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Superregnum: Eukaryota
Regnum: Animalia
Subregnum: Eumetazoa
Cladus: Bilateria
Cladus: Nephrozoa
Superphylum: Deuterostomia
Phylum: Chordata
Cladus: Craniata
Subphylum: Vertebrata
Infraphylum: Gnathostomata
Superclassis: Tetrapoda
Cladus: Reptiliomorpha
Cladus: Amniota
Classis: Reptilia
Cladus: Eureptilia
Cladus: Romeriida
Subclassis: Diapsida
Cladus: Sauria
Infraclassis: Lepidosauromorpha
Superordo: Lepidosauria
Ordo: Squamata
Subordo: Serpentes
Infraordo: Caenophidia
Superfamilia: Elapoidea

Familia: Lamprophiidae
Genus: Mehelya
Species (5): M. egbensis – M. gabouensis – M. laurenti – M. poensis – M. stenophthalmus

Mehelya Csiki, 1903 [nomen substitutum]

Type species: Heterolepis poensis Smith, 1849.


Grobbenia Poche [preoccupied by Grobbenia Holdhaus, 1903]

Additional references

Broadley, D.G.†, Tolley, K.A., Conradie, W., Wishart, S., Trape, J.-F., Burger, M., Kusamba, C., Zassi-Boulou, A.-G. & Greenbaum, E. 2018. A phylogeny and genus-level revision of the African file snakes Gonionotophis Boulenger (Squamata: Lamprophiidae). African Journal of Herpetology 67(1): 43–60. DOI: 10.1080/21564574.2018.1423578 Paywall Reference page.


Uetz, P. & Hallermann, J. 2021. Mehelya . The Reptile Database. Accessed on 14 February 2020.
Mehelya – Taxon details on Interim Register of Marine and Non-marine Genera (IRMNG).

Vernacular names
English: Greater File Snakes

Mehelya is a genus name of colubrid snakes from Africa. Some species formerly assigned to the genus Mehelya are now found in the genera Gonionotophis, Gracililima, or Limaformosa. They are collectively called file snakes due to their unusual scalation. They are not venomous.


The generic name, Mehelya, is in honor of Hungarian zoologist Lajos Méhelÿ.

The 5 species within the genus Mehelya are:

Mehelya egbensis Dunger, 1966 (Dunger, 1966) – Dunger's file snake
Mehelya gabouensis J.-F. Trape & Mané, 2005 (J.-F. Trape & Mané, 2005) – Gabou file snake
Mehelya laurenti de Witte, 1959 (de Witte, 1959) – file snake
Mehelya poensis (A. Smith, 1849) (A. Smith, 1849) – forest file snake, western forest file snake
Mehelya stenopthalmus (Mocquard, 1887) (Mocquard, 1887) – small-eyed file snake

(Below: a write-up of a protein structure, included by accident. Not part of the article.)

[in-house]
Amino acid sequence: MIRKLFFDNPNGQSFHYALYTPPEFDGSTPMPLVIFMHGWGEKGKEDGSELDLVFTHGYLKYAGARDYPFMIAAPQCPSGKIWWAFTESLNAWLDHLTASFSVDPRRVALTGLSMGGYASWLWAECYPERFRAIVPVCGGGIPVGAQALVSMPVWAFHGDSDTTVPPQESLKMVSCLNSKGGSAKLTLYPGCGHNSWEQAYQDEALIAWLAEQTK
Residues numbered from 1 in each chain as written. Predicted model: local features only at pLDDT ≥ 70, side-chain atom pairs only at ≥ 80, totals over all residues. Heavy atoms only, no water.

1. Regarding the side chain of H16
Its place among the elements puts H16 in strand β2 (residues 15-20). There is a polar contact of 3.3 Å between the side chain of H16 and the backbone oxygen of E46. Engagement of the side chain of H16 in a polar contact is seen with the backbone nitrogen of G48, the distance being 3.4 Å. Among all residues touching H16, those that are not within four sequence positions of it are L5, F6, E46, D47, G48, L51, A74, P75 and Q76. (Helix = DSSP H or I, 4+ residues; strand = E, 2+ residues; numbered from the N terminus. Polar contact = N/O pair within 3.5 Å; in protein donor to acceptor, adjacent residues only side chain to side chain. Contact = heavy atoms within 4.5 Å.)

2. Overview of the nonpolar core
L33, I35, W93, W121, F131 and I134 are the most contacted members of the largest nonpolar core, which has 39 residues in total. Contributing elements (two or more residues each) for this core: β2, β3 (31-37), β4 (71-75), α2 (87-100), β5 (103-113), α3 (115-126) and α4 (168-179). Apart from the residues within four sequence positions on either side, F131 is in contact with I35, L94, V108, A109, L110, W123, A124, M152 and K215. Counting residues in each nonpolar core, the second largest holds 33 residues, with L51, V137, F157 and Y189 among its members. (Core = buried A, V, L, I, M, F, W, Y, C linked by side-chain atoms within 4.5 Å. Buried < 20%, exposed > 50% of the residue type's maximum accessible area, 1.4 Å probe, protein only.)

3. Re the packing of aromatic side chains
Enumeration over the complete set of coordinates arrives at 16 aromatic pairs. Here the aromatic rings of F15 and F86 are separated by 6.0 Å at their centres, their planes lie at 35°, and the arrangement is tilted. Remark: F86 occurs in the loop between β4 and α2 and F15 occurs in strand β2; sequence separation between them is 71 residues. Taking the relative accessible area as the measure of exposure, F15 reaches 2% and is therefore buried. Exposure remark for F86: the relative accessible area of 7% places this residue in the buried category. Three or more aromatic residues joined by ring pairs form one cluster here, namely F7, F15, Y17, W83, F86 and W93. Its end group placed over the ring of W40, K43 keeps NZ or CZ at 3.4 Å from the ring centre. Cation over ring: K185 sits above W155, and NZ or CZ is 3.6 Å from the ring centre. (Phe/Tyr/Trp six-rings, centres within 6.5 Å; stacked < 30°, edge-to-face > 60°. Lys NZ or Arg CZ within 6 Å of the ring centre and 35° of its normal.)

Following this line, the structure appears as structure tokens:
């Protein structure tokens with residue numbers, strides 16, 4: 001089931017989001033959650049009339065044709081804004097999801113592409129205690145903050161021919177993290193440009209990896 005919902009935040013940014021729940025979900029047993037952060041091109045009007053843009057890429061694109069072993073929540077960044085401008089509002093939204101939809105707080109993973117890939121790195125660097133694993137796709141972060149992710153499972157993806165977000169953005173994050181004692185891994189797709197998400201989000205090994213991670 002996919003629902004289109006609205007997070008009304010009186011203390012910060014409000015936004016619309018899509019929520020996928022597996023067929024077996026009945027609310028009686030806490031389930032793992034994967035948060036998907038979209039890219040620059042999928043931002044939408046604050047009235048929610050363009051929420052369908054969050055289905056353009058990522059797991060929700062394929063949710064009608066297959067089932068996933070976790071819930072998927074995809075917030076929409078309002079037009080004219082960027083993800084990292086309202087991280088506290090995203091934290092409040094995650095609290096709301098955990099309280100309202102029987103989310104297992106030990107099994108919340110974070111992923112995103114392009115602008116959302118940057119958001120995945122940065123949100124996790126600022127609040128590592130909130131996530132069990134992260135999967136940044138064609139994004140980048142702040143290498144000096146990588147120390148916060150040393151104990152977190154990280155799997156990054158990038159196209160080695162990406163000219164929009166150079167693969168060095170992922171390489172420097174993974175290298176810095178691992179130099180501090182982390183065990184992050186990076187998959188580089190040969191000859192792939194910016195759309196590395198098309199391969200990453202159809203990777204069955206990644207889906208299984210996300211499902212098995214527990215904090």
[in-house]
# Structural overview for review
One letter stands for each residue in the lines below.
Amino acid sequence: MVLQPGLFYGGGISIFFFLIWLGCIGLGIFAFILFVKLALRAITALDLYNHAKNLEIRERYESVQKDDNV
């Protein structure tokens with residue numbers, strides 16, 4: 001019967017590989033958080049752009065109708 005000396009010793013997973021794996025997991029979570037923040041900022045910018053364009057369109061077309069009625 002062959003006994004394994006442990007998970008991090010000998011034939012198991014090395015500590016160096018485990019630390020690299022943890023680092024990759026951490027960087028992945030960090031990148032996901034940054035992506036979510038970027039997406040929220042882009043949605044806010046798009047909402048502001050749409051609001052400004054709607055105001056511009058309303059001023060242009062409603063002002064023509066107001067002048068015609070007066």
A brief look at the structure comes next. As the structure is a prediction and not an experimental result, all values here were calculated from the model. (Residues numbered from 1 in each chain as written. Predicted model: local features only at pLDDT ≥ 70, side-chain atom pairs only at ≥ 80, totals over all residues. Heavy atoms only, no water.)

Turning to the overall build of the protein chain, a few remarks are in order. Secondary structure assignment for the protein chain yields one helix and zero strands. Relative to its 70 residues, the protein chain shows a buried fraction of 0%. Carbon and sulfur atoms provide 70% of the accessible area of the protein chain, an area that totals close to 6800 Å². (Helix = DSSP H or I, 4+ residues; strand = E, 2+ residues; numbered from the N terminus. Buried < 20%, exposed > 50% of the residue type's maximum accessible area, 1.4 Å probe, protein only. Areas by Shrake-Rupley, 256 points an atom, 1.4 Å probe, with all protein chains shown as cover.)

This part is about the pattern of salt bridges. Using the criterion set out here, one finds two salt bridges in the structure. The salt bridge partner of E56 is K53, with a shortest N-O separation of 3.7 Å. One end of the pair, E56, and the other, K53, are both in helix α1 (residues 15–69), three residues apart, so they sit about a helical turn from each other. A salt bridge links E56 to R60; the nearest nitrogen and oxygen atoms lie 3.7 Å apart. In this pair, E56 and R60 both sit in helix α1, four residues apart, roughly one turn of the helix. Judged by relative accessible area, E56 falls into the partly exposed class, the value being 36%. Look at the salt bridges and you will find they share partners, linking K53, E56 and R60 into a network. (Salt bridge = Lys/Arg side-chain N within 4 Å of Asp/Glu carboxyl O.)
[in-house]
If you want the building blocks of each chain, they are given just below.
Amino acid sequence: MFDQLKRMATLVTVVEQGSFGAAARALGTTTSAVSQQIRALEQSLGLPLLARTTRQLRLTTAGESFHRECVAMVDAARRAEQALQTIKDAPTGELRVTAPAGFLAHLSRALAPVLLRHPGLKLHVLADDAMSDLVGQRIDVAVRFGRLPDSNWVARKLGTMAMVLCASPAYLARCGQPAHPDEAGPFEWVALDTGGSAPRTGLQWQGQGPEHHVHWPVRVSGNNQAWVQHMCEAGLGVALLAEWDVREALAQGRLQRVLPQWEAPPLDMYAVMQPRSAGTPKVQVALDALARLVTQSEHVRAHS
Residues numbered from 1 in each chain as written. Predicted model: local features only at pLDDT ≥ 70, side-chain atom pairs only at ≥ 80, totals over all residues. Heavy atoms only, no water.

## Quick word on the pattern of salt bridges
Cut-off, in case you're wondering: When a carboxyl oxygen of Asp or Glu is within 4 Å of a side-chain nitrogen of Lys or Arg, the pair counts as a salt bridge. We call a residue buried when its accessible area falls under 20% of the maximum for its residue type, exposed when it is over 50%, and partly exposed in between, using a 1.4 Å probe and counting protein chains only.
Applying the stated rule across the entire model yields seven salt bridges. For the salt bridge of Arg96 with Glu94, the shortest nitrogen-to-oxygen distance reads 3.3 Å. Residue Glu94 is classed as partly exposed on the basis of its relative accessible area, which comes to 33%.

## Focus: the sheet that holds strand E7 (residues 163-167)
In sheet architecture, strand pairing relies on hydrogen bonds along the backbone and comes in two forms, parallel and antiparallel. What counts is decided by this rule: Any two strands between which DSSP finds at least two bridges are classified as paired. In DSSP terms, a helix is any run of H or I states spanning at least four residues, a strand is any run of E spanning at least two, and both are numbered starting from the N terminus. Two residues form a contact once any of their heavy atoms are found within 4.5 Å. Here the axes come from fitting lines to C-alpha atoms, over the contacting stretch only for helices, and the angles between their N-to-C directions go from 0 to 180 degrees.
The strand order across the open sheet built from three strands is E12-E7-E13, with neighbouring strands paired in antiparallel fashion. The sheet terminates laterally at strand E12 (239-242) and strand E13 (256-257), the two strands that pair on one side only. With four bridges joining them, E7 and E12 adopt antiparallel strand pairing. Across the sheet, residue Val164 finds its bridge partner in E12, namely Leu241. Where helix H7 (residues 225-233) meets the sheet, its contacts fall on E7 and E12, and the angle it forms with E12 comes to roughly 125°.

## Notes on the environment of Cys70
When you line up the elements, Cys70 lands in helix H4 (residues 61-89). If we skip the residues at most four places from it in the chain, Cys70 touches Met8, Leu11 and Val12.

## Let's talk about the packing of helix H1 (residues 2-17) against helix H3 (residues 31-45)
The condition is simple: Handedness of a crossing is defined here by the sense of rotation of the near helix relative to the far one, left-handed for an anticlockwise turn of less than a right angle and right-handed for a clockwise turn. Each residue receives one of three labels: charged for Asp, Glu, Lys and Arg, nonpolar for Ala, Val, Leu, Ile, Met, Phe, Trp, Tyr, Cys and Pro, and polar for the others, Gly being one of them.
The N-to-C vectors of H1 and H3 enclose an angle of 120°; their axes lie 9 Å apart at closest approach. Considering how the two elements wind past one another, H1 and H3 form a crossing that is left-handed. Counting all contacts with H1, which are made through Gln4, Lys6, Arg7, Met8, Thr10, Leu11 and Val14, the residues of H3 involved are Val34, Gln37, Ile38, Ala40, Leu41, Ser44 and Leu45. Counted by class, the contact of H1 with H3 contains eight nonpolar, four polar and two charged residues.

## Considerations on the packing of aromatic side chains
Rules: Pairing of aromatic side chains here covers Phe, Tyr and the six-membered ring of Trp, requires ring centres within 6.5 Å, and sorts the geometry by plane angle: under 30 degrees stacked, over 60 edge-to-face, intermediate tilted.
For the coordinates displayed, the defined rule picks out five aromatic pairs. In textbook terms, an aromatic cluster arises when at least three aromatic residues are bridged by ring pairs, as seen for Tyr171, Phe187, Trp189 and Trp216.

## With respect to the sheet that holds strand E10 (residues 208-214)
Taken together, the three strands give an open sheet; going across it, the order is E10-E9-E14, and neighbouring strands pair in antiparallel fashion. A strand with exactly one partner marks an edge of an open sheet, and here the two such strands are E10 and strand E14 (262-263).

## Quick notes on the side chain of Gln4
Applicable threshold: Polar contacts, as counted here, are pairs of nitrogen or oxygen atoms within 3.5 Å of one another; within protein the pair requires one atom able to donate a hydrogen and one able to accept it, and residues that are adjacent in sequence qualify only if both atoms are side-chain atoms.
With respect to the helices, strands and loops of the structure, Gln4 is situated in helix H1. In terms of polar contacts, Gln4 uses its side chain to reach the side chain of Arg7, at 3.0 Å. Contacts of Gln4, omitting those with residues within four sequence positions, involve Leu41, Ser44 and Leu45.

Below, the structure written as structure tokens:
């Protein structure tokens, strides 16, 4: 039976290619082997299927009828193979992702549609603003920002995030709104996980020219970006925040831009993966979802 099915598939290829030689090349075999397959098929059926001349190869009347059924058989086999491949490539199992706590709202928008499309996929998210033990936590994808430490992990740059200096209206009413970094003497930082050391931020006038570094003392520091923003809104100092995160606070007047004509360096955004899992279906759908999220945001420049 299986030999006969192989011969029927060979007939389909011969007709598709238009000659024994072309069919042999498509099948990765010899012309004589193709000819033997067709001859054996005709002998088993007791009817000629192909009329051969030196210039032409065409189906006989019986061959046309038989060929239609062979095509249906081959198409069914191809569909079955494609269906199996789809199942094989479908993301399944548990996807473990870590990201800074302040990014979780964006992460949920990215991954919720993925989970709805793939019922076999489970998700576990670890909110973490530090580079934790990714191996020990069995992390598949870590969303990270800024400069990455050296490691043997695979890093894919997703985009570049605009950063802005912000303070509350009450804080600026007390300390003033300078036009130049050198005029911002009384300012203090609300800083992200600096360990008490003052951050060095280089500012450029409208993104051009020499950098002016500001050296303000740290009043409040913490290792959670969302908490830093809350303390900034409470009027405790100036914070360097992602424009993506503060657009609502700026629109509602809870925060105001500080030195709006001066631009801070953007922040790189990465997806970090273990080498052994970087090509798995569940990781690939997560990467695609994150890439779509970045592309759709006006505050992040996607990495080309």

Geographic range

File snakes are found throughout much of sub-Saharan Africa, from the Cape of South Africa through Zimbabwe and Botswana to the Democratic Republic of the Congo and further.

File snakes are not large snakes, growing to around 3–4 feet (0.91–1.22 m). Their dorsal scales are most peculiar. Large patches of bare skin are seen, and scales are separated by large gaps. These scales are strongly keeled, giving the snake the feel of a file - hence the common name. Their body shape is triangular in cross section, which has been noted amongst other "cannibalistic" snakes, and may also provide some sort of benefit for them within their burrowing lifestyle.

File snakes generally occupy more humid regions, but are found in hotter desert areas, too.

File snakes are, by nature, burrowers. They will occupy old, abandoned burrows of rodents where they shelter from the heat in the relative coolness underground. They are also adept at burrowing for themselves, their flattened head aiding them to push their way through the earth and leaf litter. This genus is nocturnal, becoming active at night to hunt prey – other reptiles.

The genus Mehelya feeds mainly on snakes and small lizards, such as geckos. Like many genera that feed solely on snakes, it has developed a triangular body shape as opposed to the plump, rounded body of other snakes.

Kelly, C.M.R., et al. (2010). "Molecular systematics of the African snake family Lamprophiidae Fitzinger, 1843 (Serpentes: Elapoidea), with particular focus on the genera Lamprophis Fitzinger 1843 and Mehelya Csiki 1903". Molecular Phylogenetics and Evololution 58 (3): 415-426.

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